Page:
Speak to us of Love

For people unaware of Kahlil Gibran (1883-1931), the Lebanese philospher and third best-selling poet of all time, here is a sample of his writings. The following passage was selected by Paulo Coelho in his book ‘Inspirations – Selections from Classical literature.’ (Penguin Classics, 2010)

The original passage appears in Kahlil Gibran’s book ‘The Prophet’, in the first chapter ‘The coming of the ship’-

And she hailed him, saying: Prophet of God, in quest for the uttermost,
long have you searched the distances for your ship.

And now your ship has come, and you must needs go.

Deep is your longing for the land of your memories and the dwelling place of your greater desires; and our love would not bind you nor our needs hold you.

Yet this we ask ere you leave us, that you speak to us and give us of your truth. And we will give it unto our children, and they unto their children, and it shall not perish.

In your aloneness you have watched with our days, and in your wakefulness you have listened to the weeping and the laughter of our sleep.

Now therefore disclose us to ourselves, and tell us all that has been known you of that which is between birth and death.

And he answered,

People of Orphalese, of what can I speak save of that which is even now moving your souls?

Then said Almitra, “Speak to us of Love.”

And he raised his head and looked upon the people, and there fell a stillness upon them. And with a great voice he said:

When love beckons to you follow him,

Though his ways are hard and steep.

And when his wings enfold you yield to him,

Though the sword hidden among his pinions may wound you.

And when he speaks to you believe in him,

Though his voice may shatter your dreams as the north wind lays waste the garden.

For even as love crowns you so shall he crucify you. Even as he is for your growth so is he for your pruning.

Even as he ascends to your height and caresses your tenderest branches that quiver in the sun,

So shall he descend to your roots and shake them in their clinging to the earth.

Like sheaves of corn he gathers you unto himself.

He threshes you to make you naked.

He sifts you to free you from your husks.

He grinds you to whiteness.

He kneads you until you are pliant;

And then he assigns you to his sacred fire, that you may become sacred bread for God’s sacred feast.

All these things shall love do unto you that you may know the secrets of your heart, and in that knowledge become a fragment of Life’s heart.

But if in your fear you would seek only love’s peace and love’s pleasure,

Then it is better for you that you cover your nakedness and pass out of love’s threshing-floor,

Into the seasonless world where you shall laugh, but not all of your laughter, and weep, but not all of your tears.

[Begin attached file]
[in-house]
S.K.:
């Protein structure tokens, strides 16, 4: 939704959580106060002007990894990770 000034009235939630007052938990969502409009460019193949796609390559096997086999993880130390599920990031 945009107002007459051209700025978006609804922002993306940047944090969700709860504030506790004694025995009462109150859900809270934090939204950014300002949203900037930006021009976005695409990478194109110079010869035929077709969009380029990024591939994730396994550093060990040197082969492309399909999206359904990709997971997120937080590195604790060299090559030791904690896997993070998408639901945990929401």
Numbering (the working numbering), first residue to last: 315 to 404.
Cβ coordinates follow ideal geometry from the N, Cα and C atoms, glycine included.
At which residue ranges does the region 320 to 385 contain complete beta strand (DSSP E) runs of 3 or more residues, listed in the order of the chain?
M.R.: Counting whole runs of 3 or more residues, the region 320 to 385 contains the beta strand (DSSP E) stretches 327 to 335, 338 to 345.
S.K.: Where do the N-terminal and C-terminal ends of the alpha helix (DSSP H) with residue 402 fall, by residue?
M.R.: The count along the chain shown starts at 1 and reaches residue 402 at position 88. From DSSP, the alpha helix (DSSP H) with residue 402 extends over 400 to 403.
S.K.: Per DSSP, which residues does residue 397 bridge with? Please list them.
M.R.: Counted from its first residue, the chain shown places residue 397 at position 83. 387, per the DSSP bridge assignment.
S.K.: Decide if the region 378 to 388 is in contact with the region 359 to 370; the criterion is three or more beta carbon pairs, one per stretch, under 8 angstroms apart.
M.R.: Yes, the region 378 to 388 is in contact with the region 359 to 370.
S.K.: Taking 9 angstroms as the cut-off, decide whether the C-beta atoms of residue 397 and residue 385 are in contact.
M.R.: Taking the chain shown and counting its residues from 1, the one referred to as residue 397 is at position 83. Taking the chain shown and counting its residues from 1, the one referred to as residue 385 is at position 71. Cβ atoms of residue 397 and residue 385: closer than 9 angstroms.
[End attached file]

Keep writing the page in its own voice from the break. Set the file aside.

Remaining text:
Love gives naught but itself and takes naught but from itself.

Love possesses not nor would it be possessed; For love is sufficient unto love. When you love you should not say, “God is in my heart,” but rather, I am in the heart of God.”

And think not you can direct the course of love, if it finds you worthy, it directs your course.

Love has no other desire but to fulfil itself.

But if you love and must needs have desires, let these be your desires:

To melt and be like a running brook that sings its melody to the night.

To know the pain of too much tenderness.

To be wounded by your own understanding of love;

And to bleed willingly and joyfully.

To wake at dawn with a winged heart and give thanks for another day of loving;

To rest at the noon hour and meditate love’s ecstasy;

To return home at eventide with gratitude;

And then to sleep with a prayer for the beloved in your heart and
a song of praise upon your lips.

(copied from RepatAfterUs.com)

Economic review (of books)

I unexpectedly found myself reading three economics books recently, so a comparison is in order.

> Alan Beattie’s (2010) ‘False Economy – A surprising economic history of the world’.

> Robert Peston’s (2008) ‘Who Runs Britain? ..and who’s to blame for the economic mess we’re in’.

> Steven D. Levitt and Stephen J. Dubner’s (2009) ‘Superfreakonomics – Global cooling, patriotic prostitutes and why suicide bombers should buy life insurance’.

My favourite? Alan Beattie’s book I found by far the most engaging as it examines economic policy and trade from a historical point of view, using his understanding of trade to examine the developmental history of the world. What at first glance of the contents page seems to be a loose assemblage of chapters is actually quite well arranged and his story-telling is clear and riveting.

Peston’s account focuses on the recent climate as the title suggests, but he gives a very good account of the build-up of practices in the preceeding two decades that have contributed to the current mess. However Preston’s constant name-dropping becomes quite tedious at times!

Superfreakonomics is the follow-on to Freakonomics, the book that arguably defined the new genre of ‘behavioural economics’, or the use of economic theory to rationalise human beahaviour (eg. Tim Harford’s ‘Undercover Economist’). Like its predecessor, it is packed with unusual case studies and makes for very interesting reading. It should help the casual reader familiarise him/herself with broad economic theories.



There was Superman, Spiderman, and now Rodent-Penis-Bite-Man.

The BBC webpage reports that ” ‘Rodent penis bite’ man may sue.”. What has he done to earn the title, I wonder. But I’m scared to look further, surely it can’t get better?

Here’s one line –

“The parties dispute whether the rodent was a mouse or a rat, whether Solomon was bitten or scratched, and the nature and extent of his injuries,” US District Judge Arthur Spatt wrote.